Seventeen (and a half) years ago, I knelt in this spot under a blue sky and asked my girlfriend to marry me.
Wifey and I would take long walks away from our on-base dorms, strolling through lawns and parks, up and down the hills on Kadena. We’d often sit on a bridge, under the stars, legs dangling off the side, hand-in-hand. Or perhaps she’d snuggle up next to me, head on my shoulder as I put my arm around her to hold her close.
There used to be a bridge here.
You can see two marks where the edges once stood. I proposed on that bridge. When we married, Wifey came from the States to rejoin me on Okinawa. And sometimes we would revisit “our” bridge. I’m pretty sure we even took our oldest children to see it (not that they cared, of course. They were very young, and it was just a concrete bridge.)
In the grass across from where the bridge once stood, I laid down under a cloudy night sky, crying out to God, overwhelmed with frustration and anger at myself for various failures as a new adult and Airman. I
dealt with my dissatisfaction with mistakes I’d made, and I thought about my childhood faith.
It was there that I decided I had to really live what I claimed to believe, or forsake it all. I chose the former.
(Rationally, I understand that there’s no theological reason to look for God up in the sky, as though He lives out in space somewhere and we all live down here like some fishbowl He watches when He gets bored.
Rationally, I know that the universe goes on for billions and billions of light years with whole other galaxies comprised of nearly-countless stars spinning and swirling through a cosmos full of other stuff we can’t even yet comprehend. So my musings as I sat in the grass staring at the night sky were pretty insignificant in the scale of what we know is out there.)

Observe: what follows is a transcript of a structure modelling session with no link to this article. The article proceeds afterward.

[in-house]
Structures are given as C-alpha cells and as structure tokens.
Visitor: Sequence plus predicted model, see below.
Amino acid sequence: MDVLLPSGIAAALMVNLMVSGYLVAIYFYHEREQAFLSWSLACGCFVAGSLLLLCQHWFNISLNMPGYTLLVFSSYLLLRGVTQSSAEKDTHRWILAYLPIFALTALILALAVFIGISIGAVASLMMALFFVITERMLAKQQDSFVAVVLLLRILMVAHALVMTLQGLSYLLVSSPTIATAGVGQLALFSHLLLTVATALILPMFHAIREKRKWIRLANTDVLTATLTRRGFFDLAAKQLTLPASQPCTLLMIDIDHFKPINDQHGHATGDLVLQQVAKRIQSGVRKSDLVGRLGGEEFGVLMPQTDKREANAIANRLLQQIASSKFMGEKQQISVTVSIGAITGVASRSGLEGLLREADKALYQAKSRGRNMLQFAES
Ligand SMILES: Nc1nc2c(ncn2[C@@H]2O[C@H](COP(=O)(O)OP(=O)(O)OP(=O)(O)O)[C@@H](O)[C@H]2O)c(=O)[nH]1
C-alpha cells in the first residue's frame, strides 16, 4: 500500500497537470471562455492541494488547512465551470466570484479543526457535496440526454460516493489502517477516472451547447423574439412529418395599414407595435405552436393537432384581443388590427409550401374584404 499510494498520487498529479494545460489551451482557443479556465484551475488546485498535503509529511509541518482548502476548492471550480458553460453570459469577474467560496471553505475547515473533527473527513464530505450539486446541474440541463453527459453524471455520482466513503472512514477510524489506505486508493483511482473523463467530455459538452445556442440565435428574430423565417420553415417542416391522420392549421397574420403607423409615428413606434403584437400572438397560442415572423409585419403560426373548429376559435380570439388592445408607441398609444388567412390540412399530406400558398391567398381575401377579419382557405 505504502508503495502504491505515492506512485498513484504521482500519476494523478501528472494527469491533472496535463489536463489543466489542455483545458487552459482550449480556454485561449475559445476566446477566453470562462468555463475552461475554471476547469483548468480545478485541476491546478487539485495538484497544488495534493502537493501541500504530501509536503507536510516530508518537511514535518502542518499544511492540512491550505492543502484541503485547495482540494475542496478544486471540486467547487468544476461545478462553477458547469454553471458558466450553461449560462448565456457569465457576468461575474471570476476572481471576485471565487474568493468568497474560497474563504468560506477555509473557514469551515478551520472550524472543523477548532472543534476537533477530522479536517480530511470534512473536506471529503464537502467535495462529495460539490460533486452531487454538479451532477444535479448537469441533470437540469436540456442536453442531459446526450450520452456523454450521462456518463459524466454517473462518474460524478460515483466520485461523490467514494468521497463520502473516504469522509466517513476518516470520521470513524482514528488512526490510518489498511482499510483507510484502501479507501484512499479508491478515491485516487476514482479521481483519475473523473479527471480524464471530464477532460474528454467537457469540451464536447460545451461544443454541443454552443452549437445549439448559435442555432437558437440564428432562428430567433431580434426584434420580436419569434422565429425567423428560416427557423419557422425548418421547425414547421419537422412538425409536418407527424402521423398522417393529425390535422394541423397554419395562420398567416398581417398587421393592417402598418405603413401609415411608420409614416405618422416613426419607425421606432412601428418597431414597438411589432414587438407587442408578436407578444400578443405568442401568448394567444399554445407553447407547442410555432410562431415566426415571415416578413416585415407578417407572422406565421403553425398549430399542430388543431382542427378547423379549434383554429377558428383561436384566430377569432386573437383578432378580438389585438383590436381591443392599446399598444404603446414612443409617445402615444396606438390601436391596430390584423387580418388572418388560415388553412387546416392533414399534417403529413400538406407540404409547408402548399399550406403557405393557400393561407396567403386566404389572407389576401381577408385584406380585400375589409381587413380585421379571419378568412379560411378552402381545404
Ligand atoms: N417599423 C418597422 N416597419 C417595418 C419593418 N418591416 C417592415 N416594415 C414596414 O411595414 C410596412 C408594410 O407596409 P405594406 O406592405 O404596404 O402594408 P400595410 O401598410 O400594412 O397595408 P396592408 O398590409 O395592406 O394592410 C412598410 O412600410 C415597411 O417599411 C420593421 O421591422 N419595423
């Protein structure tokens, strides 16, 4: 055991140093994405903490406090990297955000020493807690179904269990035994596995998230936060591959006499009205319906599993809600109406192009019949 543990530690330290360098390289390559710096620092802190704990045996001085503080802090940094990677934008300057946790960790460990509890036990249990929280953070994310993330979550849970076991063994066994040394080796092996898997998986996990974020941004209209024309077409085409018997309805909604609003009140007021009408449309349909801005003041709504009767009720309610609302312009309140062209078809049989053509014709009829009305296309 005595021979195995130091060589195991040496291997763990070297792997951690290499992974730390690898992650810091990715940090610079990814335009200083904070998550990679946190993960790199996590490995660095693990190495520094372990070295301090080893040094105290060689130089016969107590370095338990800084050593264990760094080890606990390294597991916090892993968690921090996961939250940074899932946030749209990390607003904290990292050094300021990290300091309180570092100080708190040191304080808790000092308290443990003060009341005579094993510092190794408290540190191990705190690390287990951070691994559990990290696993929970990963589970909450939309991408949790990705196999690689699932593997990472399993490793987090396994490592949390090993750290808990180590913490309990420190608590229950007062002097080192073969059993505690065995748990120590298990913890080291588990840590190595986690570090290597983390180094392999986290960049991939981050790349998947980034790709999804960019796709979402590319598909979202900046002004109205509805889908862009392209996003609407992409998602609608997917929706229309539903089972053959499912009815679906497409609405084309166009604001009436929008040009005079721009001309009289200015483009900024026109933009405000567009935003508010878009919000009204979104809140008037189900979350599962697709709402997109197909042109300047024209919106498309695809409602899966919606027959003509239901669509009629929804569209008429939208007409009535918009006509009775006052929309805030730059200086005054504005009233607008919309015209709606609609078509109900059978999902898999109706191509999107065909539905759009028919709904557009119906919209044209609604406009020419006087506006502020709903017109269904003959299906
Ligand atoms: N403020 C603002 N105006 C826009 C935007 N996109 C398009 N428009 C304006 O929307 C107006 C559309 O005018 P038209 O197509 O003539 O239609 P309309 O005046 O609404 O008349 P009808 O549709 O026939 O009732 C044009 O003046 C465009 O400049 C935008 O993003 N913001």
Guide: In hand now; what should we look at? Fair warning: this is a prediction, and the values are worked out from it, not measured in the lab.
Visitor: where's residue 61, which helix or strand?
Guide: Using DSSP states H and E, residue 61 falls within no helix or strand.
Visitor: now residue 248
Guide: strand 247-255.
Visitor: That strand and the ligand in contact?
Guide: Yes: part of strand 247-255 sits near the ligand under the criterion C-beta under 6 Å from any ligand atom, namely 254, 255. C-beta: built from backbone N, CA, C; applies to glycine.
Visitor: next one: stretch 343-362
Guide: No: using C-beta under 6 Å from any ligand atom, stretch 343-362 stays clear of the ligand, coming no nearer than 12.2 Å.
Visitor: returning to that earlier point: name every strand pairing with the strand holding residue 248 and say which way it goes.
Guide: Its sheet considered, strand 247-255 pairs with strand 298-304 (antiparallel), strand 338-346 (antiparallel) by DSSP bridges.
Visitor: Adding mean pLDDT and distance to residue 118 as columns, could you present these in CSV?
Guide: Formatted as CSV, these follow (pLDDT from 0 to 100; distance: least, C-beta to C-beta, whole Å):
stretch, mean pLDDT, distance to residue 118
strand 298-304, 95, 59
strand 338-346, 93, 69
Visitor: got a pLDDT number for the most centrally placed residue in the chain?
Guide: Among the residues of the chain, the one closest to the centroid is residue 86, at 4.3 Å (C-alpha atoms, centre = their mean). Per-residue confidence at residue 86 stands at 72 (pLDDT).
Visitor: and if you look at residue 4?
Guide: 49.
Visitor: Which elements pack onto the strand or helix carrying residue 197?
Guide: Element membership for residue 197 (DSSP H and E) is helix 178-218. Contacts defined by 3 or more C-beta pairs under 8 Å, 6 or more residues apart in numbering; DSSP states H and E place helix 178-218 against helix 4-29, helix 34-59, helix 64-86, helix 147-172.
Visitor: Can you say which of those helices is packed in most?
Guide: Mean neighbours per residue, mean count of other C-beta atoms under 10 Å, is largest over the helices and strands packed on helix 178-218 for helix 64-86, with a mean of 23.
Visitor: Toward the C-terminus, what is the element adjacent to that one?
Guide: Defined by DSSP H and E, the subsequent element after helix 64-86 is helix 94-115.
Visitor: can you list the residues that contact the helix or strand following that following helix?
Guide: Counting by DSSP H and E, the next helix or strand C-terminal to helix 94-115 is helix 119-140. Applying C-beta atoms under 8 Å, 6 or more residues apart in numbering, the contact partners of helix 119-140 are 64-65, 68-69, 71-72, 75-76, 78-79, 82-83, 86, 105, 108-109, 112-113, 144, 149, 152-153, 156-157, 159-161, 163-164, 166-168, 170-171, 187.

Back then, Wifey and I would walk for hours. And with Okinawa being a Pacific island, we sometimes got caught in sudden cloudbursts of rain.
One time in particular, the rain became a torrent and we took refuge in the doorway of the nearest building, a couple blocks away from our dorms.
It rained for an hour or more, solid sheets pouring from the heavens. Finally we got so desperate that we prayed. “God, I know it’s silly… But could You stop the rain so we can get home? Please?”
We went back to talking. Several moments later, when our conversation paused, we realized it was silent outside our refuge. The rain stopped.
We set off for the dorms, shocked and thankful. And just as we reached our dorms, a drizzle started up again.
(Rationally I know that rain can start and stop at any time, and an island like Okinawa has unpredictable weather. There are perfectly natural explanations for how this happened.)
Years later, I had a similar experience on the way to work. In a torrential downpour, I prayed for the rain to stop even while admitting it was a purely selfish request.
It did, and I walked into my building dry when all my co-workers who arrived both before and after me were soaked. The disparity was noticeable enough that people actually asked how I got in.
(Rationally, rain is intermittent sometimes. This one experience is no reliable proof. And there have been times I’ve prayed, but still got wet.)
For years, when I drove past the bridge or jogged around the nearby track, I would see the bridge and smile. I would remember my promise to Wifey, or maybe think of my re-commitment to Christ. And I understood why various Old Testament figures were so quick to set up a monument (usually rocks piled into an altar) for special moments in their experiences with God. Spatial memory–our ability to recall a particular place or setting–is a powerful thing.
Rocks can get tipped over or scattered. Bridges can be torn down. Buildings are destroyed and rebuilt (or not).
But spatial memory locks a moment or concept in our minds to a specific place, and that doesn’t fade or break down over time.
Rationally, I know there are plenty of facts about the world around us, some of which can seem to conflict with faith as I currently understand it.
On the one side are the experiences and the intangible unprovable tenets of faith.
On the other side sit the cold logical facts and all their implications about the world and humanity’s place in it.
It often feels like quite a formidable gap divides the two.
That’s okay. There’s a special place in my heart for bridges.